The fundamental factors that decide football games still apply: talent, strategy, preparation.
But this year they’re joined by a new one: COVID-19.
Although the NFL made it through training camps without the disease outbreaks some feared, the pandemic changed how teams prepared for the season. It prompted changes in some roster rules, anticipating the possibility of coronavirus infections. It could affect games, championships and careers even if the microscopic streaker is kept off the field.
Watching the 2020 season, fans should bear in mind one general theory heard around Rams camp this summer: Play in the first few weeks could be sloppier than usual, producing more random results, keeping standings bunched, leaving playoff races to be decided by which teams peak the highest in November and December.
Assuming the season has a November and December.
Some factors to look out for:
As an example, the cancelation of NFL preseason games meant many players have experienced virtually no tackling this year.
Said Rams coach Sean McVay after two rookies fumbled when hit in the team’s second intrasquad scrimmage at SoFi Stadium on Aug. 29: “Especially with some of our younger players, you can never simulate the way a defense attacks the football when these games count. I think that’s where, if you’re not really mindful of it, you’ll see a lot of pre-snap penalties and some of these balls that are going to be put on the ground early on. That’s going to be a big emphasis for us over the next few weeks.”
Scrapping offseason practices as well as preseason games meant less on-the-field learning, which could affect units with new coordinators, schemes and key players. This might be bad news for the Chargers’ offense, with a new quarterback, and the Rams’ defense, with big changes in coaching, personnel and approach. Or, potentially, it could be an advantage for teams making changes, since opponents won’t know what to expect.
“Just having a new (coordinator) in general is tough,” Rams defensive end Michael Brockers said. “I think early on, the communication between players is a really big issue.
“The best thing is that they (other teams) don’t know what we’re going to do.”
Obviously, teams could be hurt by the loss of important players to positive tests for COVID-19, or, less obviously, by injuries resulting from the unorthodox preseason (although the league worked hard to head them off). Worse, in the scenario envisioned as training camps opened, teams could suffer the loss of entire position groups to the virus. Nearly 70 NFL players opted out of the season.
The league revised rules to give teams more leeway to replace infected players on their 53-man active rosters with members of their practice squads. Those squads are enlarged from 10 to 16 players and now may include up to six players with NFL experience. Four players per team may be protected from being signed away by other teams from Tuesday through Sunday.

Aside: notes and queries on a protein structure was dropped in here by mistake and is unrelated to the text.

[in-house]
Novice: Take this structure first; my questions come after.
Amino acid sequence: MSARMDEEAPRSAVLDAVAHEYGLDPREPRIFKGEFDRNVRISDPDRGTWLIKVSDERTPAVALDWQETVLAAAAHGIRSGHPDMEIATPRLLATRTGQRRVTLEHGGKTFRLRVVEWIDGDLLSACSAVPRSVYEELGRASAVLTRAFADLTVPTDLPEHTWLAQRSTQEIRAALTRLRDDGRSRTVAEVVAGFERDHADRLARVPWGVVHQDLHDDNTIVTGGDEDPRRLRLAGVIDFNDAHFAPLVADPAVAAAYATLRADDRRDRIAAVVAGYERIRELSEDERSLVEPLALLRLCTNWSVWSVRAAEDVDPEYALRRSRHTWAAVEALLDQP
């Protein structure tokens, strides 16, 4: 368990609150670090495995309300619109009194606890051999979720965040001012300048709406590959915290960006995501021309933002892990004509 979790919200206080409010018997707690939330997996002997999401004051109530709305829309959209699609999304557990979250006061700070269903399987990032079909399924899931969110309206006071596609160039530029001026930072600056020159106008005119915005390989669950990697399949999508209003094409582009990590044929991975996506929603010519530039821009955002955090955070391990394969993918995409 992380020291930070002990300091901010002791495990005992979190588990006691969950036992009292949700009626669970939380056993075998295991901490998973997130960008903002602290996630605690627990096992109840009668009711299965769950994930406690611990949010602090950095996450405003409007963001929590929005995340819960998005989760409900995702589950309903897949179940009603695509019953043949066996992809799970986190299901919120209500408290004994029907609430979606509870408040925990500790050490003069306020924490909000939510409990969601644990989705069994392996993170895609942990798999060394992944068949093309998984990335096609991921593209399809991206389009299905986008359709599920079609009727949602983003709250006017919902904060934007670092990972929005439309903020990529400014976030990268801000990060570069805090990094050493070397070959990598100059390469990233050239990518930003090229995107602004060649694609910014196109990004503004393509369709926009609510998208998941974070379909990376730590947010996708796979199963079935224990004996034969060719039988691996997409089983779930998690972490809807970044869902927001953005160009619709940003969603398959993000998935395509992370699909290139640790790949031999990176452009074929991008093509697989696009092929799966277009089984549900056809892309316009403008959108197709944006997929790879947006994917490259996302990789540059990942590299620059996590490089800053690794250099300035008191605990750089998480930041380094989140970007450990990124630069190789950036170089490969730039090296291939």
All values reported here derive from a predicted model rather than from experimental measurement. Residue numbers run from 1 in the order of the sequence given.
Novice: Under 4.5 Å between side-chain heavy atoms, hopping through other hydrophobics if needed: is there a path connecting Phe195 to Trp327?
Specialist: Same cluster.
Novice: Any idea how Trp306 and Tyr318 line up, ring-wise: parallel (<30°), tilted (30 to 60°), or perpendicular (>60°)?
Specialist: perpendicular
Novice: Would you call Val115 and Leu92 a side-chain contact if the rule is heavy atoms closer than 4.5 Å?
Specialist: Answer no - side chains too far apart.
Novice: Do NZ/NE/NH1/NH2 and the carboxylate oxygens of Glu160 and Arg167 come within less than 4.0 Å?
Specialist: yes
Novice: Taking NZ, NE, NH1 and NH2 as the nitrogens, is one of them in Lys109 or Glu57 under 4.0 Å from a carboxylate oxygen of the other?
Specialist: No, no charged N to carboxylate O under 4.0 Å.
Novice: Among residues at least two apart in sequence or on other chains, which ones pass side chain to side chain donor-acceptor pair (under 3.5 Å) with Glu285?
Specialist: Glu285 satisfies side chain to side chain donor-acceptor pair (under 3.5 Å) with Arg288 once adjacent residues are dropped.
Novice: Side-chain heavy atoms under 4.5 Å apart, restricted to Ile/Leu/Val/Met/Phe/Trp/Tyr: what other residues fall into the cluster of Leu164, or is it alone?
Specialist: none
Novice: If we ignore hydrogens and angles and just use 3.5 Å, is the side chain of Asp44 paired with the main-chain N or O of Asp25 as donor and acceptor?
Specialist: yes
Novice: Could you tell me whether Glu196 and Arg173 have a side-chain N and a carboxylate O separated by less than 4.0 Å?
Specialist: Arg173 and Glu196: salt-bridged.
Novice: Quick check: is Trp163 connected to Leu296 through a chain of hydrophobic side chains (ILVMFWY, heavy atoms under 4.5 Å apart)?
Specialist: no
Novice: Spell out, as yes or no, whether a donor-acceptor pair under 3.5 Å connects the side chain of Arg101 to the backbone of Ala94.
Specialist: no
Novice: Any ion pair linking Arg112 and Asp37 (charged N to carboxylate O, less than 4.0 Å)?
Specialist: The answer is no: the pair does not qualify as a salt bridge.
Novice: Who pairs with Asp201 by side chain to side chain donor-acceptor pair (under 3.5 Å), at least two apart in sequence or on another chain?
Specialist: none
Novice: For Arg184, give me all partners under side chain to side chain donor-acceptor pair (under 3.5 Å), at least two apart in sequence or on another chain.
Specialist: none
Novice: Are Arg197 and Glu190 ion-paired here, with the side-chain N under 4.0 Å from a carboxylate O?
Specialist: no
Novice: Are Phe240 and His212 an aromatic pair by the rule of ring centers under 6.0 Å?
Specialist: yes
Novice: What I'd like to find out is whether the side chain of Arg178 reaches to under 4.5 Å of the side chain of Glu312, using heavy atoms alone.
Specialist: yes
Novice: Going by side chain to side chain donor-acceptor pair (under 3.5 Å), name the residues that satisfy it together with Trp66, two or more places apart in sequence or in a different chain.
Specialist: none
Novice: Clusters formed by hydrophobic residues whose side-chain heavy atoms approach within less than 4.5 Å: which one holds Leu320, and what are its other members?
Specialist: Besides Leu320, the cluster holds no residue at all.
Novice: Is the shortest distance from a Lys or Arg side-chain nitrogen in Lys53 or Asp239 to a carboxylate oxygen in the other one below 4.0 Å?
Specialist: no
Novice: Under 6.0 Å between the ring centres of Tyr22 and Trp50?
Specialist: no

There’s a chance your team’s biggest game could be decided by a practice-squad guy, like a baseball pennant race being won by a September call-up.
The NFL created a schedule with flexibility in case of early-season virus outbreaks, giving Week 2 opponents the same bye week in case those games have to be made up, and giving each team a non-division home and road game in Weeks 3 and 4 to keep things equitable if those games are canceled.
But equitability is more equal for some teams than others. The L.A. teams might not mind missing their Week 2-3-4 opponents. For the Rams, that stretch includes games at Philadelphia and Buffalo, and for the Chargers, it includes games at home against Kansas City and at Tampa Bay.
Roster cutdown days saw fewer players claimed on waivers this year after teams lost the chance to scout preseason games and scrimmages. Midseason trades could be reduced, too, because of the reduction of upcoming salary caps and uncertainty about the 2021 draft and the value of picks. This doesn’t sound likely, but it’s something to watch.
The Rams, Chargers and most other teams will have no fans at home games until further notice, while some will allow limited attendance. NFL guidelines for fake crowd noise will try to keep things fair, but that might be difficult.
Rams quarterback Jared Goff said communicating on the field might be different — presumably easier — for a road team playing against, say, the Seahawks.
“Especially at places that you’re used to it being loud, in particular, Seattle,” Goff said. “There will be a difference, obviously, for us if there are no fans, and how we operate and how we want to do things.”
To sum up: Expect the unexpected early. Hope your team hits its stride sooner than later.
“That is a challenge early on,” Goff said, “to be sharp and to show that we’ve been doing the right things in training camp and come out on the right foot.”